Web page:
Tanghulu (also called bingtanghulu) is candy-coated fruit on a skewer. Popular in Asia, the sweet treat is often sold at marketplaces or from street vendors.
Traditionally made with hawthorn berries (which are comparable to crab apples), the skewered fruit is dipped in a sugar syrup that hardens to candy coat the fruit, creating a gorgeous glassy shell that shatters upon biting it.
Full of sweet, fruity flavors and juicy, crunchy textures, tanghulu is both fun to eat and easy to make. With three simple ingredients (sugar, water and fruit), and a candy thermometer, you’ll be a tanghulu master in no time.
This recipe calls for strawberries; however, a variety of fruit can be used. I recommend grapes, blueberries or mandarins. The coating does not adhere well to fleshy fruits like pineapple, kiwi or watermelon.
Prep work is key here, as you’ll want to have your fruits dry, skewered and ready for when the sugar reaches 300 degrees. That’s the “hard crack” stage in candy making, and it will start to crystallize as it cools, so you’ll want to be prepared and work quickly.
Long bamboo skewers work best for this, as the sugar syrup is extremely hot, so use caution when dipping them.
The candy shell will harden as it cools, and tanghulu is best served right away or within the hour. The fruits will release moisture and break down the crunchy sugar coating, making them soft and sticky, so it’s definitely not a treat that can be made in advance.
To get the hardened sugar out of your pan, filling it with water and bringing it to a boil will dissolve the sugar, making cleanup a breeze.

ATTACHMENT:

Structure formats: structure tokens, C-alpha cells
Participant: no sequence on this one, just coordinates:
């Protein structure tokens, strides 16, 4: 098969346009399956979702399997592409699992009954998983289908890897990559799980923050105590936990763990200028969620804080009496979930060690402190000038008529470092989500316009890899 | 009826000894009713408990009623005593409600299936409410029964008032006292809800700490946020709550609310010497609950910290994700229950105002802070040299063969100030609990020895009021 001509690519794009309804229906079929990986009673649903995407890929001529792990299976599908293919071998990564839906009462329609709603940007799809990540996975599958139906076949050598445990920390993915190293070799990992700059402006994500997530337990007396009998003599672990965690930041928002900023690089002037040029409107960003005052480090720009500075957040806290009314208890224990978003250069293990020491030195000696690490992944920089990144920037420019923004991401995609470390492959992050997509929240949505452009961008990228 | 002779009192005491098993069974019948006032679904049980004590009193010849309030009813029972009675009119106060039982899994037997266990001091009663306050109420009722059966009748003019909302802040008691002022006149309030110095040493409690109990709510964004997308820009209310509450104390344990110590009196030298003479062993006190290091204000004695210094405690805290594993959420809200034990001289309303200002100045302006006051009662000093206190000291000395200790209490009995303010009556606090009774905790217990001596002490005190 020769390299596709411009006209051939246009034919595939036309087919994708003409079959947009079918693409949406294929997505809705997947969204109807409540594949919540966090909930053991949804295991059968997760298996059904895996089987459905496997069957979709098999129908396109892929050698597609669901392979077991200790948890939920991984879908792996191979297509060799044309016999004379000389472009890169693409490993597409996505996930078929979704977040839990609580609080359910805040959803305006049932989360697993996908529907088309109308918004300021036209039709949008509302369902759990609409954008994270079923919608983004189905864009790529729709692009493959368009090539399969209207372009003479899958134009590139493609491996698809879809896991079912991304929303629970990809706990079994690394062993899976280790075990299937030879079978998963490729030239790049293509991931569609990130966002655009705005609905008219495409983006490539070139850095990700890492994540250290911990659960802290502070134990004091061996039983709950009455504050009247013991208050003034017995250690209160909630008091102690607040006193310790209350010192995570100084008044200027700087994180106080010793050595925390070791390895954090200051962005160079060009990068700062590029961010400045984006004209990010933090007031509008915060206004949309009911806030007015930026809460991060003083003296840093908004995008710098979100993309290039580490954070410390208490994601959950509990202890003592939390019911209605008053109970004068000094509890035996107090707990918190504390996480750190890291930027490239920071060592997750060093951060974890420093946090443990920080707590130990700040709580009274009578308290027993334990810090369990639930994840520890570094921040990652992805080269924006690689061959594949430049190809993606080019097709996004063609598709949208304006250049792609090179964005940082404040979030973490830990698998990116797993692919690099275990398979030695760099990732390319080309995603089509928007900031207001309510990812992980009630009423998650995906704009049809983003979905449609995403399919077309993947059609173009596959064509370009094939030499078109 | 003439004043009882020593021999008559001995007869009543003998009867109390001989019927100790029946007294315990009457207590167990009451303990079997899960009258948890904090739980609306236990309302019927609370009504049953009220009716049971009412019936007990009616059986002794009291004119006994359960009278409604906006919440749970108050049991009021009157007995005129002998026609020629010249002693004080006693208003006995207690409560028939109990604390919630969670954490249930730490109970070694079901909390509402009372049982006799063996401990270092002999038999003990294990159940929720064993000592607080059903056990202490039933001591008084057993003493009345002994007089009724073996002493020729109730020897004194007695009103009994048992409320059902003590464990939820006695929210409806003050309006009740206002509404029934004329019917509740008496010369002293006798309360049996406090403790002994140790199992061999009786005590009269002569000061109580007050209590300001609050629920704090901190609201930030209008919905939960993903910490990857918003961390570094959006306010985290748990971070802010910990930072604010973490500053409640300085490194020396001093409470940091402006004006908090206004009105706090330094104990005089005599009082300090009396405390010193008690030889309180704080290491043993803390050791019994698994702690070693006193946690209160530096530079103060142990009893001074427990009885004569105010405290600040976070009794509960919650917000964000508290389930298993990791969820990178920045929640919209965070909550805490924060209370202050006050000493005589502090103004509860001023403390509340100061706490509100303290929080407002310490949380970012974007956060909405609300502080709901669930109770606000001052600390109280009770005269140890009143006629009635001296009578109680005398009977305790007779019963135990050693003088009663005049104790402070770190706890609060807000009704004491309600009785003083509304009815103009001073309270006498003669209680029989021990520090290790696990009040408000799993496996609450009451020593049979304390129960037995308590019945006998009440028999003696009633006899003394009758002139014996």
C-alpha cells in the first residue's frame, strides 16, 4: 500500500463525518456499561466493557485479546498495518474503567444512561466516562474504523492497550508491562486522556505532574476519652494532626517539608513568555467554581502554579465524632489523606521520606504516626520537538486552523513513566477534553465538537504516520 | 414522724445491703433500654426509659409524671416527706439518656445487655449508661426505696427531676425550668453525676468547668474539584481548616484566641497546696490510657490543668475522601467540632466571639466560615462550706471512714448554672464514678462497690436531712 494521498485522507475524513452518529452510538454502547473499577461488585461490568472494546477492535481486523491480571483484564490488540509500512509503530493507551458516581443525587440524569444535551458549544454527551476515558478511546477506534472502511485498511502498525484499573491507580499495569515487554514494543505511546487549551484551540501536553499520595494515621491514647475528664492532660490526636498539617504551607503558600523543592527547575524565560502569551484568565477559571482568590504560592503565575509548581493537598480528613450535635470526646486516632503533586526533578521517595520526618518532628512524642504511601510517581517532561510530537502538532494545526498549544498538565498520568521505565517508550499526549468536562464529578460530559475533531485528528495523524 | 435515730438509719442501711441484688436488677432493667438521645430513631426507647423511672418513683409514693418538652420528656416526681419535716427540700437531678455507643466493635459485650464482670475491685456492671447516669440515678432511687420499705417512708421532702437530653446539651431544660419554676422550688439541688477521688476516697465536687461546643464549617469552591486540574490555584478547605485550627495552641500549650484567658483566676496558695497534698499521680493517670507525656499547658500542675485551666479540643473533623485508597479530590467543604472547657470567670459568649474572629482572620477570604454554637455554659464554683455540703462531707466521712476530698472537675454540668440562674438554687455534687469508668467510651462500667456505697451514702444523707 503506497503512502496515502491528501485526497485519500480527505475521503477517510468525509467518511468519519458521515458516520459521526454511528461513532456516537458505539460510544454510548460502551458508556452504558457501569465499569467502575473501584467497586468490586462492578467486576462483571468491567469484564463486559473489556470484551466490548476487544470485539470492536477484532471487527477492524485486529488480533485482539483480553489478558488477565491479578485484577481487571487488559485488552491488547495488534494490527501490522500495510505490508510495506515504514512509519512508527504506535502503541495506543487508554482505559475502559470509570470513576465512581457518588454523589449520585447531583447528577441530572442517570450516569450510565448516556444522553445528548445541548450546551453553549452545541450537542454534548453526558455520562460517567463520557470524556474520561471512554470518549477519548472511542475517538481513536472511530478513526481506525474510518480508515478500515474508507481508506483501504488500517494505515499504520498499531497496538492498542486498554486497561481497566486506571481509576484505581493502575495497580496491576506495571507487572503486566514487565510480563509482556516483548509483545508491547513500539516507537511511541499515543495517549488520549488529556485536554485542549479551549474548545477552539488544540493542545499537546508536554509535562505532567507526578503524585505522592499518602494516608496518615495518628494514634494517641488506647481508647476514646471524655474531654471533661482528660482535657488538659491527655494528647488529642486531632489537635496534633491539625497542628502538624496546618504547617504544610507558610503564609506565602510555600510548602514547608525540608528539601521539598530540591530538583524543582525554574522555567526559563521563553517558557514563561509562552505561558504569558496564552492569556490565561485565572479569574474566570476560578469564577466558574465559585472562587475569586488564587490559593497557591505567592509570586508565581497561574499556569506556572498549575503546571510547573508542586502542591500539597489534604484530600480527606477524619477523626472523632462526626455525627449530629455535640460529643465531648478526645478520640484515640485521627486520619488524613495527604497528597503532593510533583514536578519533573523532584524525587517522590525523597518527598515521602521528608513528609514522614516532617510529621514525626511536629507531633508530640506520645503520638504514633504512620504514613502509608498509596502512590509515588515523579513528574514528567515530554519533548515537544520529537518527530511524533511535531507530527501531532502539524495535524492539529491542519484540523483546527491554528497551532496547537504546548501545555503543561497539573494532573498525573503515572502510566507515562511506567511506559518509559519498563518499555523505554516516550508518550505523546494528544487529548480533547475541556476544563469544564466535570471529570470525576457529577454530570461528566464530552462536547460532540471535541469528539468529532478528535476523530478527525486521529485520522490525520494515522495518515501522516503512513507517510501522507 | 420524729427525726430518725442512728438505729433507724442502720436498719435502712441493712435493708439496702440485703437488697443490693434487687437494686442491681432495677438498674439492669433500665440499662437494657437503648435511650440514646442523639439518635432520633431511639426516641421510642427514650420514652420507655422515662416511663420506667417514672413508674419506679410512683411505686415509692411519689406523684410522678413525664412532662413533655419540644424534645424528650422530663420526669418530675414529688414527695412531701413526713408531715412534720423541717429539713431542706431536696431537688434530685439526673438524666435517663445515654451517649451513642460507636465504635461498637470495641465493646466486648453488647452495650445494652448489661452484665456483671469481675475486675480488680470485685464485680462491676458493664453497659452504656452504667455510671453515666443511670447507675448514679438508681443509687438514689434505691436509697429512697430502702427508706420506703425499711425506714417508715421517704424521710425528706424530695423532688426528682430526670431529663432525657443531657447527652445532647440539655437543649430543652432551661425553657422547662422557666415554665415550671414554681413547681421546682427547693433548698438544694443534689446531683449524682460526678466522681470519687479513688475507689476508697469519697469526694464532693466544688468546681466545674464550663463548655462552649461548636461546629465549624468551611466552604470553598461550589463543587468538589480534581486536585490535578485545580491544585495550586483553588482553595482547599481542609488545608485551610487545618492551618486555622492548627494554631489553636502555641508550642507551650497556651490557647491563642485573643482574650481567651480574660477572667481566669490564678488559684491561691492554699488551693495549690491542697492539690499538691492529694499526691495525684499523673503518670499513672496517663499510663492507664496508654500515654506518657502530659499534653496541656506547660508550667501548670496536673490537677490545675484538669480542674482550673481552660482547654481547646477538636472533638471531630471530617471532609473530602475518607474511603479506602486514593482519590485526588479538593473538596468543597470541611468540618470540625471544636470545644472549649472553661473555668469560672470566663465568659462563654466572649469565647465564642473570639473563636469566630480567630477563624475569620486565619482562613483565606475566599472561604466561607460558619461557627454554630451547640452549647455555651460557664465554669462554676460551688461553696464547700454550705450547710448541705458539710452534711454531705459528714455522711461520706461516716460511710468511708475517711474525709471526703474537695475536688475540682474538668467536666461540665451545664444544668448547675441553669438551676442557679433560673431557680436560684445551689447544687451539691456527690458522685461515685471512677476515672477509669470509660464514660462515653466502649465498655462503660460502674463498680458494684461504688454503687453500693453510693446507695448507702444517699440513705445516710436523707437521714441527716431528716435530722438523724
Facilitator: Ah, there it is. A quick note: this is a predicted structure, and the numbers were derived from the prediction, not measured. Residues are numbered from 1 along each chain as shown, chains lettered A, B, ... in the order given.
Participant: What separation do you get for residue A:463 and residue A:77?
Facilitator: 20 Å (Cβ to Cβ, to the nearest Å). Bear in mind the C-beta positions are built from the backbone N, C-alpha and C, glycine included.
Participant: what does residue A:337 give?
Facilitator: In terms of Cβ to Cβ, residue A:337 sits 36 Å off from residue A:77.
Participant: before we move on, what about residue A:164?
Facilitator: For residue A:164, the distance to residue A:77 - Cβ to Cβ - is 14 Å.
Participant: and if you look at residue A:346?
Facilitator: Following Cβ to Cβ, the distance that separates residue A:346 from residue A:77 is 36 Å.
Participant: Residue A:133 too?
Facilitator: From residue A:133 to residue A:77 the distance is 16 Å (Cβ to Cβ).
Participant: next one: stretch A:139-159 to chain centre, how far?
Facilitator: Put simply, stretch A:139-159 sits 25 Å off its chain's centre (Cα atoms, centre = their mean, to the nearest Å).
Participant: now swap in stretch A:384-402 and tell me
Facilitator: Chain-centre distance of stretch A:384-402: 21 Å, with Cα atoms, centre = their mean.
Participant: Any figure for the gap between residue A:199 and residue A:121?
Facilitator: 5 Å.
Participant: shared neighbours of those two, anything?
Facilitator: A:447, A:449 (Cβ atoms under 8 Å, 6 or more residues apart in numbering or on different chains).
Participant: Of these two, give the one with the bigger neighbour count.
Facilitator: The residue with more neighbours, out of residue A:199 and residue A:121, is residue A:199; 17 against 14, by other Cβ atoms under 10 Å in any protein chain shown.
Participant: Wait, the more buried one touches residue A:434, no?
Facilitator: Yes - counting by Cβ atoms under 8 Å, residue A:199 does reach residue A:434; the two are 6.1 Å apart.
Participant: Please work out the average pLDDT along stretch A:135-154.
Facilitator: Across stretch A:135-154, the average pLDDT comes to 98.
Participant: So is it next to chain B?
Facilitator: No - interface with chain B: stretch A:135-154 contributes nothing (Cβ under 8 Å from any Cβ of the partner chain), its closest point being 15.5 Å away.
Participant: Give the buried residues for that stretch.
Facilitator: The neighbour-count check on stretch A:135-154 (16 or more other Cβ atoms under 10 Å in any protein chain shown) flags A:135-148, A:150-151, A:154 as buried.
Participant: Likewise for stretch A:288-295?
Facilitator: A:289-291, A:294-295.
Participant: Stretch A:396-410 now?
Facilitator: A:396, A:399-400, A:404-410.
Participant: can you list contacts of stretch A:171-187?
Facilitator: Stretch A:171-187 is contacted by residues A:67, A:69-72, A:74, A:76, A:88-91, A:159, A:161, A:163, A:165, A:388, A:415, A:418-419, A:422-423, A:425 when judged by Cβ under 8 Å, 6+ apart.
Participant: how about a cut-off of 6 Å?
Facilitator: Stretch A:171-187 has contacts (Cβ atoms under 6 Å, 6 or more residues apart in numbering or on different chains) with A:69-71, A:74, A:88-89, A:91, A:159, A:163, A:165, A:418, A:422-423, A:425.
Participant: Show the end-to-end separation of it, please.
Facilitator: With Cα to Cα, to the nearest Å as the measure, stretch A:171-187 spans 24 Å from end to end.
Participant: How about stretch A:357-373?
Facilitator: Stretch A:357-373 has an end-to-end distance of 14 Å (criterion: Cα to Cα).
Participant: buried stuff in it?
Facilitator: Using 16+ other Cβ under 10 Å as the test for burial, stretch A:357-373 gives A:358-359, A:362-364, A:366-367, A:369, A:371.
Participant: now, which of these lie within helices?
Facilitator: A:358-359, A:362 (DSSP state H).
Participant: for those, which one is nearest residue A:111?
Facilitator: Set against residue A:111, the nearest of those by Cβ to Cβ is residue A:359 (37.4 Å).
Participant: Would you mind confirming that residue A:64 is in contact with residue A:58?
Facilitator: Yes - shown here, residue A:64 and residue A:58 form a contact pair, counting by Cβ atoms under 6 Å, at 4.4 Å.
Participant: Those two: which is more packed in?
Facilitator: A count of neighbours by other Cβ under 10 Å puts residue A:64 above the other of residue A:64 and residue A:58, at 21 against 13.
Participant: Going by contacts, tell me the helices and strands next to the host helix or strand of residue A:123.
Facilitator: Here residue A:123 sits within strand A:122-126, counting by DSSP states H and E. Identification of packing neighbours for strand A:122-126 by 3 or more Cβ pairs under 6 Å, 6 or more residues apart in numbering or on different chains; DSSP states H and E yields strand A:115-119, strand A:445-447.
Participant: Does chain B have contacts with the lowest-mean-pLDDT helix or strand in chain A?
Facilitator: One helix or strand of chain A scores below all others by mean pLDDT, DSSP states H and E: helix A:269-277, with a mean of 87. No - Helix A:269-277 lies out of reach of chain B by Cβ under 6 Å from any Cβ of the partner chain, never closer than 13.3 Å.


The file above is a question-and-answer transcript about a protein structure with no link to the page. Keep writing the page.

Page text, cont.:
1 pound strawberries and/or variety of fruits
2 cups granulated sugar
1 cup water
Line a rimmed baking sheet with a silicon mat or parchment paper and set aside.
Wash and completely dry the strawberries/fruits. Once dried, skewer the strawberries/fruits on bamboo or lollipop sticks. I recommend one strawberry per skewer and up to three small fruits together (blueberries or grapes).
Combine the water and sugar in a small pot over medium heat. Bring to a boil and boil until the syrup reaches 300 degrees on a candy thermometer.
Remove from the heat. Carefully tilt the pan so the syrup pools on one side. Working with one skewer at a time, dip and rotate the fruit in the syrup until completely coated.
Gently shake the skewer over the pan to allow excess syrup to drip off, and place on the prepared baking sheet. Repeat with the remaining skewers.
Allow the sugar coating to cool and create the hard shell. Serve immediately.
Audrey Alfaro can be reached at firstname.lastname@example.org.